NEW ORLEANS (AP) — While La'el Collins may not be meeting with NFL teams, that hasn't stopped some of his former LSU teammates from recruiting the offensive lineman.

Deryk Gilmore said Tuesday that his client isn't meeting with NFL teams after going undrafted despite being widely projected as a first-round choice.

Teams became apprehensive about drafting the All-Southeastern Conference performer when Baton Rouge Police said they wanted to interview him about the shooting death of a pregnant woman he knew. Though Collins has not been named as a suspect or a person of interest in any crime, there are a lot questions about what's next for him.

Gilmore did not detail Collins' upcoming NFL plans, but was emphatic in a text to The Associated Press saying his client is "not meeting with teams. You can quote me."

Four Miami Dolphins players, including three of Collins' former LSU teammates, went to Baton Rouge on Tuesday to court the offensive lineman, a person familiar with the situation said. The person said the players went on their own, and no Dolphins official made the trip.

The person confirmed the players' trip to AP on condition of anonymity because the team hadn't commented on Collins' situation.

Making the trip were receiver Jarvis Landry, linebacker Kelvin Sheppard and defensive tackle Anthony Johnson, all former LSU players. Miami offensive lineman Mike Pouncey also made the trip.

Police say Collins has cooperated, answering all questions asked by investigators. Collins may choose to play for any team willing to sign him.

The 6-foot-4, 305-pound Collins is a Baton Rouge native who was rated among Louisiana's top high school prospects in 2010, when he committed to play near home.

He was eligible for the 2014 draft, but elected to play for LSU as a senior to further refine his game, and it appeared to pay off when he was projected as first-round choice this year.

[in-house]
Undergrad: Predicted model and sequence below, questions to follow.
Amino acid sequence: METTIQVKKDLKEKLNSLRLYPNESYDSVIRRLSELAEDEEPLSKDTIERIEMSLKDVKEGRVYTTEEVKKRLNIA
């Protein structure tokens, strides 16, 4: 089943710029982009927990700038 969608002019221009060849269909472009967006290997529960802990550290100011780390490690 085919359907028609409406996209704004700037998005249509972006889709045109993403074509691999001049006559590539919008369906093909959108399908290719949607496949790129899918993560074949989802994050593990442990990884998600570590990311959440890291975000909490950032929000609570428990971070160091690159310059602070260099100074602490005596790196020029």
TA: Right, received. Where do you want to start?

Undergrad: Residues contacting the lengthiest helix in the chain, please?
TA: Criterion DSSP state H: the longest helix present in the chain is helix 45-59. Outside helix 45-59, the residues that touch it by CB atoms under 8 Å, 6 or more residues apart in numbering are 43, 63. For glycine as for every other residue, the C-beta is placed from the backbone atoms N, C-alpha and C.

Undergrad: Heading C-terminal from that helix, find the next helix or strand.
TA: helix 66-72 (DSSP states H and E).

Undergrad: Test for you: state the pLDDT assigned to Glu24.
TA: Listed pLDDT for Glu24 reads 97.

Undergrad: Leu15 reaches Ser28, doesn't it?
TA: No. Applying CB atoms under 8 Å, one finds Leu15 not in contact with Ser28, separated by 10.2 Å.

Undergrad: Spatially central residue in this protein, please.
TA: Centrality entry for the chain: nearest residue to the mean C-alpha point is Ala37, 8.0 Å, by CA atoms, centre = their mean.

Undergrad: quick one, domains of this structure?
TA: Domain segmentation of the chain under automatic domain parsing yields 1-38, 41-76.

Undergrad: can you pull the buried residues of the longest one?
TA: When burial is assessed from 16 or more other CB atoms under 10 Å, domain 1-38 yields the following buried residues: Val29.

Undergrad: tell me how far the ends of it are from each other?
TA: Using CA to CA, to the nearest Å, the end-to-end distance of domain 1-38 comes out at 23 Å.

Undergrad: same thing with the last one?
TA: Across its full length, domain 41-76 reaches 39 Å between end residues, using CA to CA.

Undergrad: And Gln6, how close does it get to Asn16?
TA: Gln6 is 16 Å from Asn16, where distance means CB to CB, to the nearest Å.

But less than a week before last Thursday's first round, 29-year-old Brittney Mills, who was eight months pregnant, was shot to death, apparently while answering her door, authorities said.

Medical personnel succeeded in delivering her son, Brenton, alive, but he died last Friday.

Baton Rouge police Lt. Jonny Dunnam said Tuesday that because the investigation is ongoing, his department could not say what investigators have learned about Collins' relationship with Mills or whether they have requested a paternity test.

Dunnam said police understood the timing of the investigation was unfortunate for Collins and that the department will be proactive about letting the public know if or when Collins is cleared, but he also stressed that Collins currently is "no more a person of interest than a neighbor would be."

Going undrafted in the first round has cost Collins millions of dollars. For now, he is eligible only for a standard three-year contract given to undrafted free agents, which pays $435,000 in 2015, $525,000 in 2016, and $615,000 in 2017. Also, bonuses are limited for undrafted free agents, with each team limited to spending about $87,000 for all undrafted free agents combined.

With teams unable to significantly outbid one another for Collins' services under NFL rules, he'll likely choose the team that he believes is the best fit for him based on the roster and coaching staff.

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AP Sports Writer Steven Wine in Miami contributed to this report.

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